Tuesday, February 24, 2009

University Expels Lizard Dung

Daniel Bennett, a student at the Leeds University in England, collected 35 kilograms of butaan lizard feces as part of his PhD research. It took him over seven years to collect all of the samples in the rainforests of the Philippines.

To Bennett, the lizard droppings represented “seven years of painstaking work searching the rainforest with a team of reformed poachers to find the feces of one of the world's largest, rarest and most mysterious lizards.” The butaan lizard is closely related to the rare komodo dragon.

"Whether it was the largest collection of lizard shit in the world is uncertain," he said. "But it certainly contained the only dietary sample from that little-known species Varanus olivaceus, and probably the most complete dietary record of any single population of animals in South East Asia."

After returning from one of his trips to the Philippines to gather more feces, Bennett was devastated to find that the University had cleaned up the laboratory and threw away his bag of samples.

The University printed the story under the headline “Oh Crap, There Goes My Work.”

In a statement the university said: "The loss of these samples was an unfortunate mistake. They were thrown away in error because they were in an unmarked bag.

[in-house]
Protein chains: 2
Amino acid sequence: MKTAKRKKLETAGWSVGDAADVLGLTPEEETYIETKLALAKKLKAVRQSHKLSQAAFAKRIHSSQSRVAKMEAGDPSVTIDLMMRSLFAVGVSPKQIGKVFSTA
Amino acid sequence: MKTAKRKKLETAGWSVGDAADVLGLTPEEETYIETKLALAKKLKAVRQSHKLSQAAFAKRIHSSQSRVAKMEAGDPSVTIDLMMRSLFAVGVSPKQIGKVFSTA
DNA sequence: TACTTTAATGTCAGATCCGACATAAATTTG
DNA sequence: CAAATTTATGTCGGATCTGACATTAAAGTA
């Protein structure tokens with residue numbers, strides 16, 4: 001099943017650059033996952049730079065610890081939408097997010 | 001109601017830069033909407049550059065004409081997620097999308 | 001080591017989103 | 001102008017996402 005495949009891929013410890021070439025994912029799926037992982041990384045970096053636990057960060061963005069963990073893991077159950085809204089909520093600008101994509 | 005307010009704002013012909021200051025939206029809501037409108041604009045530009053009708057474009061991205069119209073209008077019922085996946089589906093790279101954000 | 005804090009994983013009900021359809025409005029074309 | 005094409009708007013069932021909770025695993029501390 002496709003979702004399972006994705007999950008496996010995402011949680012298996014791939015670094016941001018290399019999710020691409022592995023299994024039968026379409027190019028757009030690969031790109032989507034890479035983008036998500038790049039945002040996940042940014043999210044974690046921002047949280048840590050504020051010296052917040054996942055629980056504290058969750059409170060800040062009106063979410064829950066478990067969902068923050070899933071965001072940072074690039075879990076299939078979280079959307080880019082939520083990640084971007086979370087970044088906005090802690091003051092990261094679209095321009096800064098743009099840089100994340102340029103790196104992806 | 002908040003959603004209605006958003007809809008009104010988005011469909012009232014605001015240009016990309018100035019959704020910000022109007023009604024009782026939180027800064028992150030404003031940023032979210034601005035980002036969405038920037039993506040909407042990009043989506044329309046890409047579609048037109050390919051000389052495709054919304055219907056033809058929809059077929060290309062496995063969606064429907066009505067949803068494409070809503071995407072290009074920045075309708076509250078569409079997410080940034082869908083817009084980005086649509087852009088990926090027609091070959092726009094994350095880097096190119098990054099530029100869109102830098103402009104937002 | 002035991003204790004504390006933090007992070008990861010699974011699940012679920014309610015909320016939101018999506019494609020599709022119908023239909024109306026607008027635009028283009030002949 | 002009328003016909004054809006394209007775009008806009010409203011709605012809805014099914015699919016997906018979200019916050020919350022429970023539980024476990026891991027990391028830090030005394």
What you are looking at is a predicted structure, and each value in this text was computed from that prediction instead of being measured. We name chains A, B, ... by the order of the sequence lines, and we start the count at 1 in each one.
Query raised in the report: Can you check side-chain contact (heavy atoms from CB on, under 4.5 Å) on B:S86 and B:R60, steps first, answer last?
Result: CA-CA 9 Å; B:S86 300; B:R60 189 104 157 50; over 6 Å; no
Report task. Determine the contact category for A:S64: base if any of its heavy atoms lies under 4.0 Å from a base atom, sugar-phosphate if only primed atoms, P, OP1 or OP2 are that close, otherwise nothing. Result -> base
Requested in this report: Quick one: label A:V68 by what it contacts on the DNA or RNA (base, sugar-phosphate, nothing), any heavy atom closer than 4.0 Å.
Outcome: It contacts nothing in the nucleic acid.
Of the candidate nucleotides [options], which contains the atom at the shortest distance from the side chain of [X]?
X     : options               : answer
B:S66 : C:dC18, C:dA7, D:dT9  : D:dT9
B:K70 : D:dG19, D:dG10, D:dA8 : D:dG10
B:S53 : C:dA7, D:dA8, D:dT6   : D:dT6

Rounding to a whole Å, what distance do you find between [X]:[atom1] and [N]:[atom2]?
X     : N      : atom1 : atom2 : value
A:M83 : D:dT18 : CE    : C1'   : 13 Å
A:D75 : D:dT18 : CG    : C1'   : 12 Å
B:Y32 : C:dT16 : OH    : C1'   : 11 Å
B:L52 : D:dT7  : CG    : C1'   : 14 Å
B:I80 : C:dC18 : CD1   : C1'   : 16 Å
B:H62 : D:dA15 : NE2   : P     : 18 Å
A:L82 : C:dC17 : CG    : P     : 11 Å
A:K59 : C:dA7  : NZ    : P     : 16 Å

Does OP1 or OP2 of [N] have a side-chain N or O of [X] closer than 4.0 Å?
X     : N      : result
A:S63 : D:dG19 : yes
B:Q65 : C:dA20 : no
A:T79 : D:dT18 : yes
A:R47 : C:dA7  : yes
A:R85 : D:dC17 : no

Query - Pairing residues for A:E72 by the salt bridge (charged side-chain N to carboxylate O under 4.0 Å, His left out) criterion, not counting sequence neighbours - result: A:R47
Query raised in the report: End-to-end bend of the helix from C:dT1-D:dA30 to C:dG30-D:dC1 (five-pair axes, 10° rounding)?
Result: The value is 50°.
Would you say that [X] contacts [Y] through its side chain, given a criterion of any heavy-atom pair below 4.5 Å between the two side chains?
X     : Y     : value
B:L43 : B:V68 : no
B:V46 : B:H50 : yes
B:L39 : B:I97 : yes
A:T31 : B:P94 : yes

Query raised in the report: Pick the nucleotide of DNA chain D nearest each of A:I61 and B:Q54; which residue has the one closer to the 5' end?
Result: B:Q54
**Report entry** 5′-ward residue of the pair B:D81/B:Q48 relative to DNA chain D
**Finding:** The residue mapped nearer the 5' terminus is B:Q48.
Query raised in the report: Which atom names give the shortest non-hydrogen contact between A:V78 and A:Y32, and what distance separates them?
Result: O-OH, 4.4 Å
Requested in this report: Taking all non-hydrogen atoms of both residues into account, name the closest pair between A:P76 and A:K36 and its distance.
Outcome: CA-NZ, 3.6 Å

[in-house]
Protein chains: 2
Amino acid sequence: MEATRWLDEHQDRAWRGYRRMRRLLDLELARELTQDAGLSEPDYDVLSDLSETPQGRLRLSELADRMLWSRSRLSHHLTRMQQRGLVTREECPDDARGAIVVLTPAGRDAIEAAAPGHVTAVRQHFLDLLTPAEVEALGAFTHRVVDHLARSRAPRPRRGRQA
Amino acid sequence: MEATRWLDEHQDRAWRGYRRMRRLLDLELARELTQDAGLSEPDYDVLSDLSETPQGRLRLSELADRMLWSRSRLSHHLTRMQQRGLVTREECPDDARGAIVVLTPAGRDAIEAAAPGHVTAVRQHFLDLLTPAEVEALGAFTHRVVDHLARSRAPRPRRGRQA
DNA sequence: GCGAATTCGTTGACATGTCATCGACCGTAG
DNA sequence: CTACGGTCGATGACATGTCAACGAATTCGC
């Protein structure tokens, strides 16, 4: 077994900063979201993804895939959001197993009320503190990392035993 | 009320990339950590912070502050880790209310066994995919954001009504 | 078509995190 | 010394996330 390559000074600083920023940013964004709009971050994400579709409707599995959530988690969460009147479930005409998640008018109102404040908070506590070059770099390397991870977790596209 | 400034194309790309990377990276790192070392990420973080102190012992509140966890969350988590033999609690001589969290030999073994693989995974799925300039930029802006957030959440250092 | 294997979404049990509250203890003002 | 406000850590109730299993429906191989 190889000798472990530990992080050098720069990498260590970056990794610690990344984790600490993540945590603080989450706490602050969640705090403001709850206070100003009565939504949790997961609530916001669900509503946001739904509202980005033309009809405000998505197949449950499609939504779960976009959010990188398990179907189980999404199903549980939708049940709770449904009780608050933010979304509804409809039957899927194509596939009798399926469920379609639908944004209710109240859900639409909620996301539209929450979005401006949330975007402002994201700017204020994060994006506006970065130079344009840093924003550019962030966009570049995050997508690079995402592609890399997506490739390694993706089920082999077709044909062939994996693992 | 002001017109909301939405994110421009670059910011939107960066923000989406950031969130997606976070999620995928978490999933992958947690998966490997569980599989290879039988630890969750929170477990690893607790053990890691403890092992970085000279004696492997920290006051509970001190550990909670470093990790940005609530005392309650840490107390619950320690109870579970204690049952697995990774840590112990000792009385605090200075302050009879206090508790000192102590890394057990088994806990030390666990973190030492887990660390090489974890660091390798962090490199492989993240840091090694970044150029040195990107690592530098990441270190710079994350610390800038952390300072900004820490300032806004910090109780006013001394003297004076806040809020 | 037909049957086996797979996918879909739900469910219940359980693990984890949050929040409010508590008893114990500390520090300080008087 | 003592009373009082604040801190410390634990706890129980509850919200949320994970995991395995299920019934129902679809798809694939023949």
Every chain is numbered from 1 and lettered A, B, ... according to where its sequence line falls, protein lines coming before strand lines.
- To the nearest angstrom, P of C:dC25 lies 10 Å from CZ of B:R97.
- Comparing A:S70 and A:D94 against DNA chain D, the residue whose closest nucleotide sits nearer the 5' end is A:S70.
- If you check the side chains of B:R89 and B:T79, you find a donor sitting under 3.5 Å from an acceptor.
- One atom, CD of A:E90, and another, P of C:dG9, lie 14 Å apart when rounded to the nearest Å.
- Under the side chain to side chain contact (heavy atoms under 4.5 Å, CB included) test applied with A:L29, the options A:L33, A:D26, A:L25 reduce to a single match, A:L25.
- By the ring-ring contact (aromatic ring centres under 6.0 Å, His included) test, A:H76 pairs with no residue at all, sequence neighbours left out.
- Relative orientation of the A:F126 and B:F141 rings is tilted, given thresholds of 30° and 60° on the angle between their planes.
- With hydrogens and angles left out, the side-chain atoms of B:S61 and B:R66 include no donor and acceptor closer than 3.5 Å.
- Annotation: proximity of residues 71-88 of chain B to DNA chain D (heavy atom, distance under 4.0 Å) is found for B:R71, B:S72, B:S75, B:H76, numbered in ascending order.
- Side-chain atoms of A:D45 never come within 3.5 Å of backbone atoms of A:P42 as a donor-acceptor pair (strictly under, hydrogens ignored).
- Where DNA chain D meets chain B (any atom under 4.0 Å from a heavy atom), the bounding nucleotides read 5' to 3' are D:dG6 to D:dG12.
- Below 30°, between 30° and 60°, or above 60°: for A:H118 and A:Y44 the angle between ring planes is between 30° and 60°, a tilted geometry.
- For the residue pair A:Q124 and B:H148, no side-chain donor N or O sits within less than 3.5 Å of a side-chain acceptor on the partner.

Lessons have been learned and protocols improved to ensure this cannot happen again. Mr Bennett is due to graduate with his PhD this year, subject to minor corrections to his thesis unrelated to the loss of the materials." In other words, he'll graduate without his old shit, but has his new shit.

“To some people it was just another bag of lizard shit,” Bennett told reporters. To him, however, it represented years of hard work running around in the Philippines with a butaan lizard pooper scooper.

I can fully relate to Mr. Bennett’s predicament. In my neighborhood, we have all sorts of berry bushes growing in the wild. I can usually tell which ones the birds ate by the color of all the splatters on my car. If I go down to Pat's Steaks in South Philly, the droppings take on an orange color (cheese whiz) and come down on my windshield "wit" (onions).

If I had set my mind to scraping some of it off my windshield, to examine under a microscope, and became an avid collector of urban bird droppings, I would be ticked off if someone thought my stash was “just another bag of bird shit” and threw it out.

No comments: